"Under a spell" of metaphor though its ultimate image is, "Directive" is finally a secular poem rooted in residual Christianity. Its biblical references don't, as they might in Stevens, argue for reformation; they don't, as they might in Eliot, invite us back to a church. They measure, instead, both our distance from full redemption and our imaginative thirst for those wellsprings that revive our spirit. Though "Directive" guides us perilously through humanity's common ordeal, its country is no wasteland, there is no chapel at its height. Frost's goblet is merely like the Grail; in drinking from it we are still only "near its source." As with the contrary wave in "West-Running Brook," Frost shapes "Directive" as a "tribute of the current to the source," to the Christian drama in which his metaphors are steeped. But Frost is also asking, as he often does, "what to make of a diminished thing." However diminished its symbols may be, Frost seems to imply, our hearts need not let go the value of Christianity's crucial paradox. Yet to imagine our own ordeals as part of a larger drama is not to cast ourselves as heroes; it is simply to realize our share in the human condition. What is heroic in "Directive" is its quiet acceptance of the role to which experience conditions us. Nothing in "Directive" has guided us to hope (whether for a Grail, Redemption, or hope itself); we began to climb without expectation, and end by quenching the unexpected thirst we've earned in sweating uphill. Reality has been our ordeal, and we drink what the poem finally offers us: clear water from a real spring. We are "beyond confusion" not least in this; we are wholly ourselves both in having wept for the children's playthings and in being gladdened by what we made-believe in drinking from their cup. Our imaginative thirst may only be momentarily satisfied, but the poem fulfills itself with a sacrament which redeems our experience by completing our perspective on it.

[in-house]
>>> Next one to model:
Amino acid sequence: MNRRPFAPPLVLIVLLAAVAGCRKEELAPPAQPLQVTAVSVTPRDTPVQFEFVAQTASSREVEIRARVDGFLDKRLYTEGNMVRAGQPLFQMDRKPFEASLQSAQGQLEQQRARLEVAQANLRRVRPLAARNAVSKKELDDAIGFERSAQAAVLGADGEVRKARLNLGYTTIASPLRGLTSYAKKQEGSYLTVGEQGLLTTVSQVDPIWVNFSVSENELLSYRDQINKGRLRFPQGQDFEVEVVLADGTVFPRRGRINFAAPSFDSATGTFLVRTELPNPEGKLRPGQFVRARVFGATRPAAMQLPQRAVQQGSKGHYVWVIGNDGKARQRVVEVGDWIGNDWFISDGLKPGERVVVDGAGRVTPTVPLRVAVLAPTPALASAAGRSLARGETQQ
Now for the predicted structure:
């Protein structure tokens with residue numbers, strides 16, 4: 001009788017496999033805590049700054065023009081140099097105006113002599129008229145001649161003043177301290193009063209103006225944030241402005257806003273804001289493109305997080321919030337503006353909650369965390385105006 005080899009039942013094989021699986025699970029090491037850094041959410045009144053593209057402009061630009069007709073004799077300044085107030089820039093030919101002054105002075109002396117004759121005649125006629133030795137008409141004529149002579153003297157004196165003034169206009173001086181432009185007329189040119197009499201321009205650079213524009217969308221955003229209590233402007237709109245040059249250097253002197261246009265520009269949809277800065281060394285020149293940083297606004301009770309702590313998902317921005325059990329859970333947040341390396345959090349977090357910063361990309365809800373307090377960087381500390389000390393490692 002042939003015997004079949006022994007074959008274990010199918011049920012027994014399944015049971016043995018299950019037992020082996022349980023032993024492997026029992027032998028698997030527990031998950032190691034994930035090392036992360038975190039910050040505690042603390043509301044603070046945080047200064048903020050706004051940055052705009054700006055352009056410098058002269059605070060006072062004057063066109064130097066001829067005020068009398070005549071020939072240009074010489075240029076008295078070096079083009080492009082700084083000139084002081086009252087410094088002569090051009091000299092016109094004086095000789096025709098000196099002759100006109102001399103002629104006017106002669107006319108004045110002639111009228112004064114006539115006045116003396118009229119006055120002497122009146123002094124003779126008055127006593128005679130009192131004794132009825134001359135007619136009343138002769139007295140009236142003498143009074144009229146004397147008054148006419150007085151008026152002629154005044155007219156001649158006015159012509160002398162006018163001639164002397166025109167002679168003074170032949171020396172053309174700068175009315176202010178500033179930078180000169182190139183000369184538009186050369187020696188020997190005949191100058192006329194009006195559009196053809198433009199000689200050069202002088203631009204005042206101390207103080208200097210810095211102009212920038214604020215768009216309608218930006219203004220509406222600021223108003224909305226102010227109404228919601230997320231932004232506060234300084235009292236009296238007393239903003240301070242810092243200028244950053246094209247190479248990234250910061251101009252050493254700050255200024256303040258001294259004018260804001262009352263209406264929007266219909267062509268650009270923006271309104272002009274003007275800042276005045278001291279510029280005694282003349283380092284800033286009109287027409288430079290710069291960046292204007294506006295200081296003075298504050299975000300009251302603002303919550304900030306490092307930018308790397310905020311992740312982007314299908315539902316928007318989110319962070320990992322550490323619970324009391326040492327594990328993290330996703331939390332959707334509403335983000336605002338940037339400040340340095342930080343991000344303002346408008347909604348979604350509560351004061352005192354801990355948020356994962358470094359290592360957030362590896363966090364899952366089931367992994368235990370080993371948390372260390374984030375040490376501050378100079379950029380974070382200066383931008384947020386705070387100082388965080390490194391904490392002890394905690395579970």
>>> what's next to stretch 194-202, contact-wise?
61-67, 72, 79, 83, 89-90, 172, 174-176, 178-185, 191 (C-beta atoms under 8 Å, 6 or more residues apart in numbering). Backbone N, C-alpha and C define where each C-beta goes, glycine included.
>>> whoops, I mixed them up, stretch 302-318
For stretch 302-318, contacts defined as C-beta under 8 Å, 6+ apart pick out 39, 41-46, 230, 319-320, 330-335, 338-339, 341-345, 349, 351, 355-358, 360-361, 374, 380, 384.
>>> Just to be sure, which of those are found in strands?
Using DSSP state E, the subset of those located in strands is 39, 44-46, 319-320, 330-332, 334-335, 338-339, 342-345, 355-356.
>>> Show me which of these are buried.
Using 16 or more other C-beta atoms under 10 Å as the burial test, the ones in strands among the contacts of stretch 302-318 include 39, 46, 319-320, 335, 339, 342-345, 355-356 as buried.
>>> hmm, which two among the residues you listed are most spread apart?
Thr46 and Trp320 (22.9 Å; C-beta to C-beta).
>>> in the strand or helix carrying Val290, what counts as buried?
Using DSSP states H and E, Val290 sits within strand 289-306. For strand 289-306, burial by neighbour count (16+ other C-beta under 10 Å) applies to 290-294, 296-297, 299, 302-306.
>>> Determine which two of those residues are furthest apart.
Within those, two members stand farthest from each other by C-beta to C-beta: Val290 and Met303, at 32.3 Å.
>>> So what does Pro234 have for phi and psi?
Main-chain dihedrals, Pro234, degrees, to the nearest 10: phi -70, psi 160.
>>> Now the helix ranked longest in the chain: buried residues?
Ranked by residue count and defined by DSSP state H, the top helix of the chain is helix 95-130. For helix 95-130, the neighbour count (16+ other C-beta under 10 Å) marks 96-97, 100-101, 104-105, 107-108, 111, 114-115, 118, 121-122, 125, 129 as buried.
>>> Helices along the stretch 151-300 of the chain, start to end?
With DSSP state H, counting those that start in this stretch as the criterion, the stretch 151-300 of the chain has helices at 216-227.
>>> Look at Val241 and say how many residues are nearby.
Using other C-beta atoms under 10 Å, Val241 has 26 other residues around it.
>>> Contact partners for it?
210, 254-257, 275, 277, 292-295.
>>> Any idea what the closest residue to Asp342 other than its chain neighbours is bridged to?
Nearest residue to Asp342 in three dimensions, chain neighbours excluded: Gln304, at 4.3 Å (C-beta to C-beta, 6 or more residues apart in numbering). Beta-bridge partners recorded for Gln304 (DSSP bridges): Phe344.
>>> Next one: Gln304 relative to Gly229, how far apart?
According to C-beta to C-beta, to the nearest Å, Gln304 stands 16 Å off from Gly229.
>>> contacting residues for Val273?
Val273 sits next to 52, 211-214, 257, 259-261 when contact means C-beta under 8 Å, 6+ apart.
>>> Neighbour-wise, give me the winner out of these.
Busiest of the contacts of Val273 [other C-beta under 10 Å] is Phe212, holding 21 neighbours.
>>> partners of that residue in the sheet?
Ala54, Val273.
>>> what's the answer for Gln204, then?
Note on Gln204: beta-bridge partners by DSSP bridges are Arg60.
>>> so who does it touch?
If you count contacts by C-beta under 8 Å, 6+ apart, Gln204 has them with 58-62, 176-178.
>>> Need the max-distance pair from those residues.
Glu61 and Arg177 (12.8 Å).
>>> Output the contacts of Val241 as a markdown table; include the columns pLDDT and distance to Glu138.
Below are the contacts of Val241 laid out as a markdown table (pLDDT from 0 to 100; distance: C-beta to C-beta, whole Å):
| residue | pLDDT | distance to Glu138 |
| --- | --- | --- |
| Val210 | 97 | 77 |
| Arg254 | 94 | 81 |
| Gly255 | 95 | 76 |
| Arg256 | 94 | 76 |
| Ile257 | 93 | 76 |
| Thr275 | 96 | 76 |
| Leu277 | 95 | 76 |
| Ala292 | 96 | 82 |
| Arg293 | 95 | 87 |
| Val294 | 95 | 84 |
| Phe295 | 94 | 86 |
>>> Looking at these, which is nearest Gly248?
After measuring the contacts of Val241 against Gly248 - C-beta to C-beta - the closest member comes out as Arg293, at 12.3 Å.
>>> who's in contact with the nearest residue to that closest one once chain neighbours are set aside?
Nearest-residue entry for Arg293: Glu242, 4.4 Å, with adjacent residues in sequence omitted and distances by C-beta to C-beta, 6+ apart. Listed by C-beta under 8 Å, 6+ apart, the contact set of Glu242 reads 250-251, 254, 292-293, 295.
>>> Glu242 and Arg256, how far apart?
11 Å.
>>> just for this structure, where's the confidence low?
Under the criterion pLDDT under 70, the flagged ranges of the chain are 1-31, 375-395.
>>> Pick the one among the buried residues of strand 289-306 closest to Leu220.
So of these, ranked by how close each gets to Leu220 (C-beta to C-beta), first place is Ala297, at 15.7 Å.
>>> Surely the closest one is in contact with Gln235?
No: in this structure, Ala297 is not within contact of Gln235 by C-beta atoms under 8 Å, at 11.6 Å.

I read "Directive" as one of those few rare poems that are, by Frost's definitive hope, "a momentary stay against confusion." The margin of "a momentary stay" is the saving grace of "Directive" and, greatly, its theme. Whoever demands a more ample margin had better be guided up Billy Graham's public aisle; whoever can exist without metaphor had best forget Frost. But whomever "Directive" privately converts (Frost asks no less) can find his margin roughly extended in that strangely unknown Frost poem, "An Empty Threat":
Better defeat almost,
If seen clear,
Than life's victories of doubt
That need endless talk talk
To make them out.
Terribly though doubt assailed him, nowhere in his work is Frost defeated by it. Skeptically as a lot of poems talk, nowhere in them is doubt victorious. Nor is there any poem that argues "almost better defeat," whether seen clear or not. What must be seen clear is the poised sequence of those words I've just disordered. My misquote, "almost better defeat," is narrowly, but wholly and perfectly, different from "better defeat almost." The difference is as great as one man's life might be from another's; the distinction in order is, as Frost would have it, of the order of the distinction between prose and poetry. Defeat-almost was the ordeal of Frost's life; it is the narrow victory his major poems dramatize, and the human margin of their greatness. As it climbs to marginal redemption through a myth made local by image, through an ordeal heightened by metaphor, "Directive" is one of the greatest. It stays defeat by bettering being lost.
Copyright © by Philip Booth. Originally appeared in Master Poems of the English Language, edited by Oscar Williams (Pocket Books, 1966). Reprinted in Trying to Say it: Outlooks and Insights on How Poems Happen by Philip Booth (University of Michigan, 1996). Reprinted with permission of the Estate of Philip E. Booth.